This is some more info about the mobile photos Mobile Monday event last night. Chris Dury from ScanR presented an information capture application, much different than the previous two presentations which focused mostly on the social aspects. The application focuses on using cameraphones as scanners for capturing whiteboard content and printed information. Cool idea. I’ve used my cameraphone to snap pics of whiteboards for sharing quite a few times. Their software helps clean up common problems with the images like blurring from movement while taking the picture and reflection from the flash. The image can be sent to multiple recipients and trasferred to a fax machine. You can sign up for a free trial account on their site. I’ll have to give it a try next time I swap my SIM back into my 6680. It reminded me a lot of the “cameraphone as network enabled image sensor” ideas that were floating around a year or two ago. Most of that discussion has skewed toward the social side, but this seems like a nice practical application I bet would appeal to a bunch of people.
Rich Gossweiller from HP Labs showed off PLOG. The idea behind PLOG was making it simple to share a story using a cameraphone as the authoring device. It covers not only the creation of the story, but dealing with multiple display points when viewing the story (PC, digital picture frame, another mobile device). The creator of the story uses a very simple interface on the phone. It intercepts the incoming image and asks if you want to upload it, and then it’s just one click to say yes or no. It transparently captures geolocation info to upload with the image so that the image can be presented on a map. The images are stored on the server and the author of the story can come back and annotate them as necessary. The story can then be distributed via RSS to others sitting at a PC or using a digital picture frame or using another mobile device. The reader of the story can choose to further share, which can mean either fowarding along the digital story or printing out a hardcopy to send or show. Rich is actually leaving HP Labs soon and is looking for what to do next.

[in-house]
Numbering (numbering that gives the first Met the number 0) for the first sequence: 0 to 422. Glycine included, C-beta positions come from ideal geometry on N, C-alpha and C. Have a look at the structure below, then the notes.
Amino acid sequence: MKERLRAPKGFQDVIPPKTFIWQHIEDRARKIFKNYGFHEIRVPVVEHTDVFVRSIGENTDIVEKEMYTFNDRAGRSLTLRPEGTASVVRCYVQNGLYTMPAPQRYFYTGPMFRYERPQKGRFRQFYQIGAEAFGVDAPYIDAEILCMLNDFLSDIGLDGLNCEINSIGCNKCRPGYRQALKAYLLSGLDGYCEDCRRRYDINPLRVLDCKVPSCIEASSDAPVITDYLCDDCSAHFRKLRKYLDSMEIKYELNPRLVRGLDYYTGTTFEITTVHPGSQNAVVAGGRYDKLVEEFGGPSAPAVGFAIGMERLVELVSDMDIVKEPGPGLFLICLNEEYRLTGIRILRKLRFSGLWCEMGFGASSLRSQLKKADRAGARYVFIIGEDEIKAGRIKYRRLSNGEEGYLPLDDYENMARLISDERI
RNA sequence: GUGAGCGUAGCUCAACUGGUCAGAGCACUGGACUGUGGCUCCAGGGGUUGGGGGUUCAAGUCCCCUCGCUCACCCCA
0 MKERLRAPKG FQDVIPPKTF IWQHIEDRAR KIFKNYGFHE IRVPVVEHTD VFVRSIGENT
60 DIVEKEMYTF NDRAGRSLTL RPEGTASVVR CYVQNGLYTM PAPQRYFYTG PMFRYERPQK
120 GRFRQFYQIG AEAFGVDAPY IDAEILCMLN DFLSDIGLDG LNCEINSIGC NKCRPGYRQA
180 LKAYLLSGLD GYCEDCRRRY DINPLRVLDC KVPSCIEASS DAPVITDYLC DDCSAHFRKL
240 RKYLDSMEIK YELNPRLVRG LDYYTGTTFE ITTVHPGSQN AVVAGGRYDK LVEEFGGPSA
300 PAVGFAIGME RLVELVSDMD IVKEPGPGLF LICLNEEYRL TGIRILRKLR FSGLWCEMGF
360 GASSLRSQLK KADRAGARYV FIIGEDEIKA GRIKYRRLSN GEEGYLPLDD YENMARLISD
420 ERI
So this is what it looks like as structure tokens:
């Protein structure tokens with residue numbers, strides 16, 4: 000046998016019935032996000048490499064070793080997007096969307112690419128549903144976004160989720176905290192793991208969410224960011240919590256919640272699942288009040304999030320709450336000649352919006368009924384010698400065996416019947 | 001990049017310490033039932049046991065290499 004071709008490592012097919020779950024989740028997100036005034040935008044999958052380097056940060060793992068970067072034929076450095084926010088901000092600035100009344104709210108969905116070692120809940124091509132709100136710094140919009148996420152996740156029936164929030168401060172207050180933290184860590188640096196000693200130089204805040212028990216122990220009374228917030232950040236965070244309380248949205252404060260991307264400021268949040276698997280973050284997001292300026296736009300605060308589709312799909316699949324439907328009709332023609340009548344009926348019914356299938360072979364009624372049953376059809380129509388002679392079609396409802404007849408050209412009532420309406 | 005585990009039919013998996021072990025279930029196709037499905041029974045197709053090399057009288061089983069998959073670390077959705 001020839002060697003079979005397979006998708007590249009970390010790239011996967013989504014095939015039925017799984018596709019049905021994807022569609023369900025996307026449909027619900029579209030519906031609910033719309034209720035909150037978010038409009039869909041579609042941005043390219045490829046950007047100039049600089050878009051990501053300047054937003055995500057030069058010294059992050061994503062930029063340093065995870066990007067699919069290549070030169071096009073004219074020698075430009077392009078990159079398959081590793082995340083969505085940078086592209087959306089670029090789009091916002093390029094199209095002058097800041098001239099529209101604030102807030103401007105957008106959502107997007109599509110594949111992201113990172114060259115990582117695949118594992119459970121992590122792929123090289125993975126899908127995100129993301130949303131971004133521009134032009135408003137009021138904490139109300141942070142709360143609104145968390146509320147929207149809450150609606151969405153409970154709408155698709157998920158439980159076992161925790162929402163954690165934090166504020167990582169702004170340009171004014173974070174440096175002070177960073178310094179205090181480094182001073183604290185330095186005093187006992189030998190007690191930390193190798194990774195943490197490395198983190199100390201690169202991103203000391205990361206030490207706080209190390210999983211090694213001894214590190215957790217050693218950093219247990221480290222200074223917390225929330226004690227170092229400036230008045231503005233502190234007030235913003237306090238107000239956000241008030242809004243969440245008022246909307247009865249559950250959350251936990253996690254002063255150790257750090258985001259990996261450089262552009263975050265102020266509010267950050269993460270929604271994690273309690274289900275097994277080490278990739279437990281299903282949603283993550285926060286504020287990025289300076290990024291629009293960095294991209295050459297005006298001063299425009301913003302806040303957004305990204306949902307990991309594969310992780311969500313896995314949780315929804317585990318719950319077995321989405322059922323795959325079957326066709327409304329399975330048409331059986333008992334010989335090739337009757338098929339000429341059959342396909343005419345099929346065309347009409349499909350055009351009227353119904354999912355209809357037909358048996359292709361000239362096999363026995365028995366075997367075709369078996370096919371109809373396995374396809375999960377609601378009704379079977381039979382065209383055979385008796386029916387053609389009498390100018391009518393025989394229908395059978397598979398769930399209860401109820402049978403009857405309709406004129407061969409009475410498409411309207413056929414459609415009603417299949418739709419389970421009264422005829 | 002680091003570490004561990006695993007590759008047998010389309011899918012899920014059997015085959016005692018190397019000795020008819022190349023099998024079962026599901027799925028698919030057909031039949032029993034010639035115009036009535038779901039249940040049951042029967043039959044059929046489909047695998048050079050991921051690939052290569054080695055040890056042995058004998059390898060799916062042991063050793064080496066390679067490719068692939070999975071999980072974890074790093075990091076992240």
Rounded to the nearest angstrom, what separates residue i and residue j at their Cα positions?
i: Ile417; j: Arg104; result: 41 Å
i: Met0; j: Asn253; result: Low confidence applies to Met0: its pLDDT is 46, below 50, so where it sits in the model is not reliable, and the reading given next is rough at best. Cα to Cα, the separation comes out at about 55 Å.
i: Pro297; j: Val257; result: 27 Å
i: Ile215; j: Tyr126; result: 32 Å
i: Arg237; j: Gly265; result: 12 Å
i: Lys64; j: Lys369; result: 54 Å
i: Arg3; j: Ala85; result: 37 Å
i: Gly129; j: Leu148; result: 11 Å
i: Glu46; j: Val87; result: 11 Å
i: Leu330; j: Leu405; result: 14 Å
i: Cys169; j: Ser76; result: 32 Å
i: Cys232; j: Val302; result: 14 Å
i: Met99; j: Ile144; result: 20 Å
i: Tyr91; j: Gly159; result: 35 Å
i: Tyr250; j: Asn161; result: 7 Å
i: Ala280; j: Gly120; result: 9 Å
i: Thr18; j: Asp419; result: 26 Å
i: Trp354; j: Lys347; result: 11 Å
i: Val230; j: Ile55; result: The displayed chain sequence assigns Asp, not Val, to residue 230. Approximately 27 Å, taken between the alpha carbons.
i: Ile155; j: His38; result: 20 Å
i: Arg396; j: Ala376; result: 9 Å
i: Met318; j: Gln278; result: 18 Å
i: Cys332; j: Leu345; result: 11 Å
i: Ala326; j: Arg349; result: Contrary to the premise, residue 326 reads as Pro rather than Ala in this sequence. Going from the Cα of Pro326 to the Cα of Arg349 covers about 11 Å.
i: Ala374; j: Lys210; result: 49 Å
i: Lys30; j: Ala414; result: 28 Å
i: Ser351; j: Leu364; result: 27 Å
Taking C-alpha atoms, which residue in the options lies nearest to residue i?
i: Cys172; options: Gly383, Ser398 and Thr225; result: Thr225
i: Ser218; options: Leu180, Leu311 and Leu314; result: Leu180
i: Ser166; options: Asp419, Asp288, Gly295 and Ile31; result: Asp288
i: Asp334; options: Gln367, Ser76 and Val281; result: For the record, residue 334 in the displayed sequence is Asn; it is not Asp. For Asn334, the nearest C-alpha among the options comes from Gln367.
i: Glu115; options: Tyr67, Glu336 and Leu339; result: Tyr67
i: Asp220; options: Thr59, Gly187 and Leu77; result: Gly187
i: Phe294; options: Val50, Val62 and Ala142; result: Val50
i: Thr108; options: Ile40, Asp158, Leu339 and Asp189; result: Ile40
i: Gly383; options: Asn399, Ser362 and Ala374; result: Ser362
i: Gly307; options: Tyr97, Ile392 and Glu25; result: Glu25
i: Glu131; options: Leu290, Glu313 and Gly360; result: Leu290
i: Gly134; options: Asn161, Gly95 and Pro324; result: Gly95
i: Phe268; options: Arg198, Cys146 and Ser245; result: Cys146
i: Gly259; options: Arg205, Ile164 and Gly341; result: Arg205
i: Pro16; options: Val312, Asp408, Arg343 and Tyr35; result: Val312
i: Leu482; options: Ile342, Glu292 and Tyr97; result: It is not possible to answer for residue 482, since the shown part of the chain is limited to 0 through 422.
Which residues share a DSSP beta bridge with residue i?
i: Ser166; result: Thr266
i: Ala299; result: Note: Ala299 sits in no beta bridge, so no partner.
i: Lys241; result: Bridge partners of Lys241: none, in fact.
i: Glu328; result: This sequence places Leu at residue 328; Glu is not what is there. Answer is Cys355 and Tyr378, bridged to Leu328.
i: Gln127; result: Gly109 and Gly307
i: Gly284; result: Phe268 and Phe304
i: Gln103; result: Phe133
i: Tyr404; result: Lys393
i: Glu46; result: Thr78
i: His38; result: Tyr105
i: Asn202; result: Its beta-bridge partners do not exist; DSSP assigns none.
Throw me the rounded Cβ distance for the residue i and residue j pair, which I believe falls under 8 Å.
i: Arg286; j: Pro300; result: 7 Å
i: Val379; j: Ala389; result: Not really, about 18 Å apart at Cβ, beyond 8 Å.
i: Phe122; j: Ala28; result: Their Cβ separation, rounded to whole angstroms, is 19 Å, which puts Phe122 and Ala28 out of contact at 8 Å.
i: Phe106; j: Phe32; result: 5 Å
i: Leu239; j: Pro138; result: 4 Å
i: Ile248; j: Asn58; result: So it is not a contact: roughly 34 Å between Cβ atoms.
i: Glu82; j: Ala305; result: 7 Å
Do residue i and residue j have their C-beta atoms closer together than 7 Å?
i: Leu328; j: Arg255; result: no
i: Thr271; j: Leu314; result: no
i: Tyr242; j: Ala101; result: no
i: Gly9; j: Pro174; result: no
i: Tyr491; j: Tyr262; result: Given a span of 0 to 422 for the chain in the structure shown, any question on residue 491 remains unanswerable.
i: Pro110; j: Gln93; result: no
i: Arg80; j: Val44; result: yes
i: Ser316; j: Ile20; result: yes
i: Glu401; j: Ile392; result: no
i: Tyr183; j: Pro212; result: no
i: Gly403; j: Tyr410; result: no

Mike Prynce showed off a demo of Mobido, a photosharing app focused on capturing and persisting a community. The demo he showed was creating an email address (email@example.com) and allowing people to join up by sending an MMS message with a picture to that address. The members of that group, the people who send the email, can then find each other through that group and keep in contact. The communication stays abstracted throught the Mobido service, so you never have to give up your contact info if you don’t want to. I’ve signed up for it and played around some. I’m miker on the system, send me a message if you sign up.